My Dad showed me how to be human

Dad

smaller picture sent from Italy, September 1944; main picture taken April 1992

This week’s photo challenge, ‘Humanity‘,  is a chance to tell you about my Dad, Basil Patrick Dominic Corcoran (1923 – 1992), who showed me how to be a human, who left school at 14 to be a butcher’s delivery boy, who fell off the too-big delivery bike, who mixed up the paper-wrapped meat parcels, who delivered the wrong sausages and chops to the wrong houses, who got shouted at, who chucked the heavy bike into the river to show them, who got the sack, who worked as a gas fitter, who served in WWII, who fell in love with my mother, who sent her his smiling picture from Italy in 1944 signed “lots of love Basilio xxx”, who educated himself by reading books and The Guardian newspaper, and listening to the BBC World Service, who knew Latin from going to Mass, who was a champion boxer in his army regiment, who developed some kind of polio-like illness in the 1950s which left him paralysed, who lay flat on his back unable to move in Walton Hospital in Liverpool for six months, and then woke up finding he could wriggle his toes, who walked with sticks until he needed a wheelchair, who was a dangerous driver in his electric wheelchair, who smoked and drank too much, who I never heard speak badly of anyone, who had nine children, who taught me to always think of the other person’s point of view, who spoke up when something was wrong, unfair, or unjust, who developed Parkinson’s Disease in later life, who laughed at the absurdity of his tremor, who spilled whisky and cigarette ash everywhere, who liked Toblerone chocolate, who poured whisky into his morning coffee in his spill-proof beaker, who became blind in one eye and lost most of his vision in the other, who still insisted on driving his electric wheelchair, who laughed at people jumping out of his way, who was good at jokes, who had an infectious laugh, who had a leg amputated and then asked “How many limbs do I have left?”, who said to me when I told him I had a headache “I’m so lucky, all my life, I’ve never had a headache. What’s it like?”, who was irresponsible, who was hopeless with money, who ran up debts that he expected his children to sort out, who gradually lost the ability to speak, and said “Of all the things I’ve lost in my life, what I miss most is my voice.”, who liked to sit in the sunshine and listen to the radio or audio books, who died two months after this photo was taken, who is someone I think of every day.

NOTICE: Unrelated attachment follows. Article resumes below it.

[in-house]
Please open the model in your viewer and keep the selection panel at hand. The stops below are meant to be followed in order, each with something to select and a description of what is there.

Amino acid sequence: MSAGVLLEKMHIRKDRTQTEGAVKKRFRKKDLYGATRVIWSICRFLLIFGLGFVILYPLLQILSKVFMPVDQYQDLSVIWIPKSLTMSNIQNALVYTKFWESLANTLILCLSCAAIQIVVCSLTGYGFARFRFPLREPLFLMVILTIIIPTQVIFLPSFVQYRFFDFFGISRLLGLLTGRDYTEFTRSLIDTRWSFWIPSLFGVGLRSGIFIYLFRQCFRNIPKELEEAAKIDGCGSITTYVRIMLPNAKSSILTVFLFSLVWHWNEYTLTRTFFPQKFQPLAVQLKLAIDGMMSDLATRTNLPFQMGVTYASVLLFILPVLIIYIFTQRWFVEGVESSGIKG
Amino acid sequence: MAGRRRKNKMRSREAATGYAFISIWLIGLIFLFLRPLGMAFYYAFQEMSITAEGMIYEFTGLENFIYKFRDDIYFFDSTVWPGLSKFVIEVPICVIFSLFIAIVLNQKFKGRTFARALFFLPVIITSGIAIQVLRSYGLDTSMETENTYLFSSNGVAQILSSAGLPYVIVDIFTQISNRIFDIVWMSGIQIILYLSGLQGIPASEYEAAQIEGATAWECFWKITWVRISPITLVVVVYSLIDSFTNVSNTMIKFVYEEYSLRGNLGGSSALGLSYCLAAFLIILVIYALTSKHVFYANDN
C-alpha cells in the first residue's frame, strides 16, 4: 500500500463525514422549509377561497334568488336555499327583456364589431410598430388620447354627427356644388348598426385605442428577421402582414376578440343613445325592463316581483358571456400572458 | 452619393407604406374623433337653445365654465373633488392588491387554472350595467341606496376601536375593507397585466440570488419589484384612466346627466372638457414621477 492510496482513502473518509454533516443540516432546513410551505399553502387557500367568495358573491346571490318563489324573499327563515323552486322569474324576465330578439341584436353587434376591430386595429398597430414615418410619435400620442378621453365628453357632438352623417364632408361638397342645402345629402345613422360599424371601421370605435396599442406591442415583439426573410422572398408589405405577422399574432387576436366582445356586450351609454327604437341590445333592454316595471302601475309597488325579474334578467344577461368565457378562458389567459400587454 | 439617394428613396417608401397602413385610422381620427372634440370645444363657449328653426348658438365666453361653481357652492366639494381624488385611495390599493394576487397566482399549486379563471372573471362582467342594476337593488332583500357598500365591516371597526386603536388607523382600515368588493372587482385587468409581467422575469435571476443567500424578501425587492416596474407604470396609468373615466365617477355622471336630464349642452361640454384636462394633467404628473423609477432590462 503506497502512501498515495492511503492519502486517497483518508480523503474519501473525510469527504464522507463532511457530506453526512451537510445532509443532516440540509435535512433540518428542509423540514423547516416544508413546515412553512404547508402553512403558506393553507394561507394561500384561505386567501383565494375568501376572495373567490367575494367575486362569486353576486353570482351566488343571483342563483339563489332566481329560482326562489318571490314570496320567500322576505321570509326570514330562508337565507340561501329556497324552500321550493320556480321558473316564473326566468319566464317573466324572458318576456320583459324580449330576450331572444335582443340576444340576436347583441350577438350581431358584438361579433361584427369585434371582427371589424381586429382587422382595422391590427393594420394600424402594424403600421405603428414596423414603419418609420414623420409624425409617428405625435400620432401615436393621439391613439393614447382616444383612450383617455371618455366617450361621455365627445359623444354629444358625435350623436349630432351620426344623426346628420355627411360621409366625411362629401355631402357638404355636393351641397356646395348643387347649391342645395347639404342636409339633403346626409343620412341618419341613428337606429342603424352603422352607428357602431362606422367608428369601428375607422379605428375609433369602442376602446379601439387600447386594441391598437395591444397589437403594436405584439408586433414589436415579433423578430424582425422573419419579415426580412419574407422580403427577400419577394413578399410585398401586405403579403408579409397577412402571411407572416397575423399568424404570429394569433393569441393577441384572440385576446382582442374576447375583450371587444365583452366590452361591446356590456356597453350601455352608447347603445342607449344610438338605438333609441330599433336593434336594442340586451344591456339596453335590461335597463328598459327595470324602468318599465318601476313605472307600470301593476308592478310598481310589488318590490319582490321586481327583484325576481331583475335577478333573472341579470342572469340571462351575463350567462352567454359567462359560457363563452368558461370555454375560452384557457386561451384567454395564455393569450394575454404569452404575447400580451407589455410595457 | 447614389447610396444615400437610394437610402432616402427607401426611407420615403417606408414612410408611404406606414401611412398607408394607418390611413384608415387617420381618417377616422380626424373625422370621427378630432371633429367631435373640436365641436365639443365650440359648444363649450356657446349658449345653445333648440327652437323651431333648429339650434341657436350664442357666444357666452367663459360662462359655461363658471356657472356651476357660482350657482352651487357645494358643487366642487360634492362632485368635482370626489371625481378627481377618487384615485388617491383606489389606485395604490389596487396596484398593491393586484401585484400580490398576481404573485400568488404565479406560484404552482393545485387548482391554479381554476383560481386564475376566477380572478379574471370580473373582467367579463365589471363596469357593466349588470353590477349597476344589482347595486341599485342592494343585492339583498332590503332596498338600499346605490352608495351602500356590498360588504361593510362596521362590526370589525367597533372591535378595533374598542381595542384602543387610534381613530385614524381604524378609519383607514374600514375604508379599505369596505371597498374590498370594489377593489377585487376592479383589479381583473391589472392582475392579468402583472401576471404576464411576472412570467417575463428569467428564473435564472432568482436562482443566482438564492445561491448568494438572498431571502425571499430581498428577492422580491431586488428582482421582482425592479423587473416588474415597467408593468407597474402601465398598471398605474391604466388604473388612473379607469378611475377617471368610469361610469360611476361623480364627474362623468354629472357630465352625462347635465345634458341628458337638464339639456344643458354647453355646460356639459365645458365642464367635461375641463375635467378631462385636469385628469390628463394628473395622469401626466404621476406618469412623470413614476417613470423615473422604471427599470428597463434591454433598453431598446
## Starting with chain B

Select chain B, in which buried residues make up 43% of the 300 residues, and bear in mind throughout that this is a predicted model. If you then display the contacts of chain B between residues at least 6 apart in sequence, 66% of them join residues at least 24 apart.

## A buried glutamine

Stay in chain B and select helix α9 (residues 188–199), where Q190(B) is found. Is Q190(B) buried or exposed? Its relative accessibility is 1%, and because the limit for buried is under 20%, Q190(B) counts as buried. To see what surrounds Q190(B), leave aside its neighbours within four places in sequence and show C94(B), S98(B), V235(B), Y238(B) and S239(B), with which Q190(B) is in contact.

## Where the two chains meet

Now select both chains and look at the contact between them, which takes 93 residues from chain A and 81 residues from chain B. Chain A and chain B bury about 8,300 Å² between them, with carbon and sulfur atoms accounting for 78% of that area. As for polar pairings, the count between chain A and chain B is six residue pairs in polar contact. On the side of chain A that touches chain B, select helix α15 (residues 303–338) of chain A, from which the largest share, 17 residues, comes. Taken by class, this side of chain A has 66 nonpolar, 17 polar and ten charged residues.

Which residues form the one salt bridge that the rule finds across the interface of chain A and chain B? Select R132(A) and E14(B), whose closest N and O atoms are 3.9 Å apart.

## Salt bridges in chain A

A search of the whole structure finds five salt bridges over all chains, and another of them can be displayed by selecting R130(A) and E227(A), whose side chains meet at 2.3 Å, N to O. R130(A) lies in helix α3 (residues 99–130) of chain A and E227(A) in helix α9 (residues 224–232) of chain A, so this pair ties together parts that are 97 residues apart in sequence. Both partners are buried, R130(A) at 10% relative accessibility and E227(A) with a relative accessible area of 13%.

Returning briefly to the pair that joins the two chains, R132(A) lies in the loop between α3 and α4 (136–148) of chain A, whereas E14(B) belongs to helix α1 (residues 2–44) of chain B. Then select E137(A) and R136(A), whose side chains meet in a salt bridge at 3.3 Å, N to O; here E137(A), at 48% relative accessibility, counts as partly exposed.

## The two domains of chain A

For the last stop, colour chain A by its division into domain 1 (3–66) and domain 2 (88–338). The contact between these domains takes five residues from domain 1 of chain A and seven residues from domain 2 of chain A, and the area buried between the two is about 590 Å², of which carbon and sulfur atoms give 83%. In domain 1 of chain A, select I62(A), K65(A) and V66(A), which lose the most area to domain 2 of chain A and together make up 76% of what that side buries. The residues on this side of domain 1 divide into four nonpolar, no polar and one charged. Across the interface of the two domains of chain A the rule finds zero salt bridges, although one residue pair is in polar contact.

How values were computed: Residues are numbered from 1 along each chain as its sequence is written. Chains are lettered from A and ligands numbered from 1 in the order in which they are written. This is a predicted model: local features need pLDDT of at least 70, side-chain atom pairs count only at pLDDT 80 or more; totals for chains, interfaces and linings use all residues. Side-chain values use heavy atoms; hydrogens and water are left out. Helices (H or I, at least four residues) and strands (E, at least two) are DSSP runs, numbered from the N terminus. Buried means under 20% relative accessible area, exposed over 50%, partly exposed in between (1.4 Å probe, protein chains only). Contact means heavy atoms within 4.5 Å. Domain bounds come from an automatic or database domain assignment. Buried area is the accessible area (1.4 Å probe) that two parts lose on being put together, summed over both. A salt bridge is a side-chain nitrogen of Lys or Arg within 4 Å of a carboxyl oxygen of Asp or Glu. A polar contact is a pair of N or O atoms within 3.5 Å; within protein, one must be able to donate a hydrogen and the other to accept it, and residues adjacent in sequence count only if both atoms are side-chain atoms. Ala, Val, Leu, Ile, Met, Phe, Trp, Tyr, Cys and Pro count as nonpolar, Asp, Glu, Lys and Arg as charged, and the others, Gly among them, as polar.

http://dailypost.wordpress.com/dp_photo_challenge/humanity/

14 thoughts on “My Dad showed me how to be human

  1. Joy @ Joyfully Green says:

    Hi Josephine,
    I’m so happy I found your lovely blog! I just included this post from you (such a wonderful tribute to your dad) in my “Joyful Reads for the Weekend.” The link is here, if you’d like to take a look: http://www.joyfullygreen.com/2014/10/joyful-reads-for-the-weekend-vol-33-a-tribute-to-family.html. I was very attached to my father as well, and even though he was ill for many years, his death was still crushing for me. I dedicated my very first post at my blog to him, back in July 2012, because he greatly influenced who I am today.
    Looking forward to reading more of your work. (I just subscribed!)
    Warmly,
    Joy

    Liked by 1 person

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